New Penalties for Violations of the Indiana Access to Public Records Act ("APRA")
The purpose of this article is to alert government entities of the new obligations imposed by the Indiana Access to Public Records Act ("APRA"), Ind. Code § 5-14-3-1, et seq. During the recent General Assembly "short session," the legislature instituted a system of fines for public entities and their employees who improperly deny access to public records. Fortunately, the changes also create a "safe harbor" for entities that properly review APRA requests.
Left unchanged is the requirement that a public entity provide an initial response to an APRA request within twenty-four hours, if the request is made in person or by telephone, or within seven days, if the request is made in some other manner. If there is no initial response from the governmental agency within that time period, the request is deemed denied. I.C. § 5-14-3-9. If the agency decides to deny the request, it must state, in writing, the reasons for the denial and the name and title of the person denying the request. I.C. § 5-14-3-9(c). If the request is denied, either purposefully or inadvertently, the requestor can seek an opinion from the Public Access Counselor ("PAC"). If the PAC agrees that the documents were improperly withheld, the requestor can ultimately recoup the costs (including attorney fees) in court.
Now, beyond the costs and attorneys fees, under the newly-created I.C. § 5-14-3-9.5, any officer or employee in a management level position with a public agency may be fined for the improper denial of access to a public record. If a requestor obtains an advisory opinion from the PAC instructing the public agency to allow access to the record, and the public official acted with "the specific intent to unlawfully withhold a public record that is subject to disclosure," the public official and the public agency are subject to a civil penalty. I.C. §§ 5-14-3-9.5(c), 5-14-3-9.5(j). While the potential fines are basically symbolic, one hundred dollars for a first offense, and five hundred dollars for second and subsequent offenses, the General Assembly's point is clear: government agencies must exercise greater care in the handling of APRA requests.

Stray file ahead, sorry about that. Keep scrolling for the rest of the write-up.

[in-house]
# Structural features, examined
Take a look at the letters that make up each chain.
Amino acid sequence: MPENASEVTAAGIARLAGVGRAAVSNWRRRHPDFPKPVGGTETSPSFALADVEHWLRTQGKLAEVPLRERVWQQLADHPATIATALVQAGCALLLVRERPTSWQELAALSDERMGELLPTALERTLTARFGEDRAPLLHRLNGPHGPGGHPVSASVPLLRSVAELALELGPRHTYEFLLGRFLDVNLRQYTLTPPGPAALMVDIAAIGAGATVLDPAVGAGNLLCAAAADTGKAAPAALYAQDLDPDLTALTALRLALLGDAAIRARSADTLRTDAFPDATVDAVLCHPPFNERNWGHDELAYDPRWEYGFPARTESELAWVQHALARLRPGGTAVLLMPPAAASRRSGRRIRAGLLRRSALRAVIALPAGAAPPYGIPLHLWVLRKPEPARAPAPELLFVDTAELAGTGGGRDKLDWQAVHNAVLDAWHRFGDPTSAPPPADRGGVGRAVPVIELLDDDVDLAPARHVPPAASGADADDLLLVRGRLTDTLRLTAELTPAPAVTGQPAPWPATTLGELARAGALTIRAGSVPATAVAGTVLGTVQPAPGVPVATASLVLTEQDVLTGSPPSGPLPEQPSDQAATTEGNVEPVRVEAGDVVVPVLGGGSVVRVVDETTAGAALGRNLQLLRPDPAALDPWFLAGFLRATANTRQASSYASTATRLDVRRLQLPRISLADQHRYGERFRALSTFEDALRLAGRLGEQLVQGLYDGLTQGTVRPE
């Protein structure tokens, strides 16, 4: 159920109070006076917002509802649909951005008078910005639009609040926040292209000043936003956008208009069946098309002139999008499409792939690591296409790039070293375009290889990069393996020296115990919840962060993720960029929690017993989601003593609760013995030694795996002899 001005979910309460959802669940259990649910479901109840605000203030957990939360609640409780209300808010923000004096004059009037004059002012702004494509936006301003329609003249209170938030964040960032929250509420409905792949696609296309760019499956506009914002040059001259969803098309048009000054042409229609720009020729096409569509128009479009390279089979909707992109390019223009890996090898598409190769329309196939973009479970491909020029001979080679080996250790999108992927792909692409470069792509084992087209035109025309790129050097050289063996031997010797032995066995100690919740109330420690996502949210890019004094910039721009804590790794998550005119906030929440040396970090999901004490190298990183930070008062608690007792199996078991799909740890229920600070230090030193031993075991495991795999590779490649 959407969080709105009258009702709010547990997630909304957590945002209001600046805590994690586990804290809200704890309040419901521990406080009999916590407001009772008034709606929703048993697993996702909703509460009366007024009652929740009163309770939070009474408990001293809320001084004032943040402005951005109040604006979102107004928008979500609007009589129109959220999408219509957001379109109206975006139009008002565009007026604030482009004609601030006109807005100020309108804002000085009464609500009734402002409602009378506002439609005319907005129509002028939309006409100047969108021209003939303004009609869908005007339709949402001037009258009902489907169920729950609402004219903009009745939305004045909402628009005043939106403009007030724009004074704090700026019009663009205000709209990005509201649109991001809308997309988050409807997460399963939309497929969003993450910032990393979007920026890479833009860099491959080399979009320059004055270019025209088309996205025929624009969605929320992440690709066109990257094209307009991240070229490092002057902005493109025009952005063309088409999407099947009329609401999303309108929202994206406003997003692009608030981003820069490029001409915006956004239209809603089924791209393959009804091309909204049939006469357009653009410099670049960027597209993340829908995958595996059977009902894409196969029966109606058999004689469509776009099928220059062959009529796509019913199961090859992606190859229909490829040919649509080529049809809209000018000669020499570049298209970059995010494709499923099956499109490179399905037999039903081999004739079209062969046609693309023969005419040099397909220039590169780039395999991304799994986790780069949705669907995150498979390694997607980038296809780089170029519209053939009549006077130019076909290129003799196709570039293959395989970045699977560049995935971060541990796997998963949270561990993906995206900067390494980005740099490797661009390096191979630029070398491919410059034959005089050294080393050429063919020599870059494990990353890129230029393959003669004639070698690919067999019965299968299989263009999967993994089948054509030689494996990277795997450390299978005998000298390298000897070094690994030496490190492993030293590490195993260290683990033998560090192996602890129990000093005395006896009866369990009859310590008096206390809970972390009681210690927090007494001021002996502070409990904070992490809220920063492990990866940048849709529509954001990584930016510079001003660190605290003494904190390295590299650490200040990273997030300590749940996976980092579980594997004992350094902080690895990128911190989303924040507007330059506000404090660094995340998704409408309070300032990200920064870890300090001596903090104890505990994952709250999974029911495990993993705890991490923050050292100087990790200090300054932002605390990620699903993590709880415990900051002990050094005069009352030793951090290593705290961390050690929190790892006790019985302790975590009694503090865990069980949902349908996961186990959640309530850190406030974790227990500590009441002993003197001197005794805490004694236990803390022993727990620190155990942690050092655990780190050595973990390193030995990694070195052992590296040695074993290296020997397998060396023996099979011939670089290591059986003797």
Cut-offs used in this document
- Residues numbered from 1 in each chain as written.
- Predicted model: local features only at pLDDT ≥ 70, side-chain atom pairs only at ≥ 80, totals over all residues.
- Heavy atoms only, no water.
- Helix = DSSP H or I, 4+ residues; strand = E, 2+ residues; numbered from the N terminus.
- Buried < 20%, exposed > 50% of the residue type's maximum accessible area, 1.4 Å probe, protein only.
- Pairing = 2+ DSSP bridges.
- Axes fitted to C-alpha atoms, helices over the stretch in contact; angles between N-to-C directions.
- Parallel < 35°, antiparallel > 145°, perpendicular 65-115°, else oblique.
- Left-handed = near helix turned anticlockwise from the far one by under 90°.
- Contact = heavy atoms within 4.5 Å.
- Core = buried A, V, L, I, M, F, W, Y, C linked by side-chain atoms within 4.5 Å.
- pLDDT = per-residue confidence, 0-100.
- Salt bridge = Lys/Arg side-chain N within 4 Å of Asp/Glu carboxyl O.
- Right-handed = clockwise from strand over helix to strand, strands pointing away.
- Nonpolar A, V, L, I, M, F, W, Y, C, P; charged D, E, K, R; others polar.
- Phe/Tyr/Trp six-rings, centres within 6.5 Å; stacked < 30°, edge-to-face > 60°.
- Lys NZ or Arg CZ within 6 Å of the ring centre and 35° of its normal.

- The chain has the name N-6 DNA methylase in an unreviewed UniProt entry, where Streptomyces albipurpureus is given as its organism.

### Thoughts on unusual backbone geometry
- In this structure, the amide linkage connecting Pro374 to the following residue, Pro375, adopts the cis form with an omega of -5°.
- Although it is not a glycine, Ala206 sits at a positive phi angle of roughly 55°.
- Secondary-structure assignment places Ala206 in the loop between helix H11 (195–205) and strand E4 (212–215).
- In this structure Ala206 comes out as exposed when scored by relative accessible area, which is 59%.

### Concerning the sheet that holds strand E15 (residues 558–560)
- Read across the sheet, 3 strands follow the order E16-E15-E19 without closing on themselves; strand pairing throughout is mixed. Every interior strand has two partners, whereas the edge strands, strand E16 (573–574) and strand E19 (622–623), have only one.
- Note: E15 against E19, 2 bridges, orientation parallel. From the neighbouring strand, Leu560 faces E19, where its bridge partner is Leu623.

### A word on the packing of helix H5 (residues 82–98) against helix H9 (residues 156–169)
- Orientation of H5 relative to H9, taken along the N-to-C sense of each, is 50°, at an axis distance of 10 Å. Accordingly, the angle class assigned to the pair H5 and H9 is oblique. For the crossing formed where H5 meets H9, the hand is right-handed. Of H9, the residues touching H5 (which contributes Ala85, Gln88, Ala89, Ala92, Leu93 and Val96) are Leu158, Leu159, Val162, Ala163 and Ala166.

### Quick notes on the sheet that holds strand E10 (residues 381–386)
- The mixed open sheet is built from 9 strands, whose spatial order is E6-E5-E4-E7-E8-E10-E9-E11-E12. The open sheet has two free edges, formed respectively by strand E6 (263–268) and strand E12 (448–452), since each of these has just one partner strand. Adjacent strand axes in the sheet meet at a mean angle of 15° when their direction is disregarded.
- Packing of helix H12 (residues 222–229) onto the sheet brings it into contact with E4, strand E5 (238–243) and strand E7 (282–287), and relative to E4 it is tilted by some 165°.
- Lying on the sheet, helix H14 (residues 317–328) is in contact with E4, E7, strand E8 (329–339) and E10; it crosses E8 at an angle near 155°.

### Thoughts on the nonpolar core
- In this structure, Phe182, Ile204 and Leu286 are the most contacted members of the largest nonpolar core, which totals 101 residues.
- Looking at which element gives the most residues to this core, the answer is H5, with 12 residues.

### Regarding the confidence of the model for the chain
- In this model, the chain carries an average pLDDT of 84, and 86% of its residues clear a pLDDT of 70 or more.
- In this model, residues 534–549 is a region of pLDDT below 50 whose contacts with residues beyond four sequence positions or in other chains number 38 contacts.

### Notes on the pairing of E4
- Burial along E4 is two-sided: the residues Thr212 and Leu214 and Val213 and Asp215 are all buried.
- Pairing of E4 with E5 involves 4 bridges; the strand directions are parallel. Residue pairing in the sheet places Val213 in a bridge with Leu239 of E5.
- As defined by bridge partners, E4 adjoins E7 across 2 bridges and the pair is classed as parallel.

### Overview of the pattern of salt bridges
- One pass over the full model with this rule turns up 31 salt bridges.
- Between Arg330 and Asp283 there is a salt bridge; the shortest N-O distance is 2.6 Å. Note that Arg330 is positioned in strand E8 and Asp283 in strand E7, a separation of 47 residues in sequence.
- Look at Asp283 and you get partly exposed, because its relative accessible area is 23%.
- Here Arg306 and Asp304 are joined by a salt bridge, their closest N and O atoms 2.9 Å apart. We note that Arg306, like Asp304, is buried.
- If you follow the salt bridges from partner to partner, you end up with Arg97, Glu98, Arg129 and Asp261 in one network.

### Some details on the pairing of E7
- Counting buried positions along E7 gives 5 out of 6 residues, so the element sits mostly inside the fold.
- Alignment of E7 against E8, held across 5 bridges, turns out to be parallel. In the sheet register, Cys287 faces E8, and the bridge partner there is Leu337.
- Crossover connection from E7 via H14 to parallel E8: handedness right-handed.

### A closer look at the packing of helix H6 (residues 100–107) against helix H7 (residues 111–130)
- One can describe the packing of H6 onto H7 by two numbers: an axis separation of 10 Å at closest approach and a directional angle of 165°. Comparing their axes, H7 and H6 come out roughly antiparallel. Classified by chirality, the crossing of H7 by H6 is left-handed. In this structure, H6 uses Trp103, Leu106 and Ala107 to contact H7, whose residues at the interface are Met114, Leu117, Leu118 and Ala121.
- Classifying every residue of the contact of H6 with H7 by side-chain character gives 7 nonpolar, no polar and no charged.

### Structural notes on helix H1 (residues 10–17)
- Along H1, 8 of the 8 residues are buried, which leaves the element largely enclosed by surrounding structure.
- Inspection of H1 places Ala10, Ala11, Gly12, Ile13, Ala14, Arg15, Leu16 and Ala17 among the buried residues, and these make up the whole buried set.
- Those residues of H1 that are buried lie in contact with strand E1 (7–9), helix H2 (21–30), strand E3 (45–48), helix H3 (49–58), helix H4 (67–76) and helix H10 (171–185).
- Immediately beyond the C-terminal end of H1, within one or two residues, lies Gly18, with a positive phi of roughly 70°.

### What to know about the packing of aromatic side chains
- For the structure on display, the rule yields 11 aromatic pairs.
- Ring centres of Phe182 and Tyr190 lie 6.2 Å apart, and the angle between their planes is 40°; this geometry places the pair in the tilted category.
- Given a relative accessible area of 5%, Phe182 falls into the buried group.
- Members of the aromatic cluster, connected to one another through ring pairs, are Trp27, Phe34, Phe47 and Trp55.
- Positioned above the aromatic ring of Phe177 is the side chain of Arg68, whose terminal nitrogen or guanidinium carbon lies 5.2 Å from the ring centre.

If the fines are a sword for APRA requestors, the new legislation also creates a shield for public entities. Public officials and entities are not subject to the fines if, in denying the request, they relied on either an opinion of the agency's legal counsel, or an opinion of the Indiana Attorney General. I.C. § 5-14-3-9.5(f). Likewise, if an officer of the public agency directs a management level employee to deny a request, the management-level employee is not subject to a fine for that denial. I.C. § 5-14-3-9.5(k). Thus, before a public agency decides to deny a request under APRA, the best practice will be to have an attorney review the request and issue an opinion. If some other government official makes the decision, or fails to act in a timely way, the agency and the individual employee may be liable for the fines.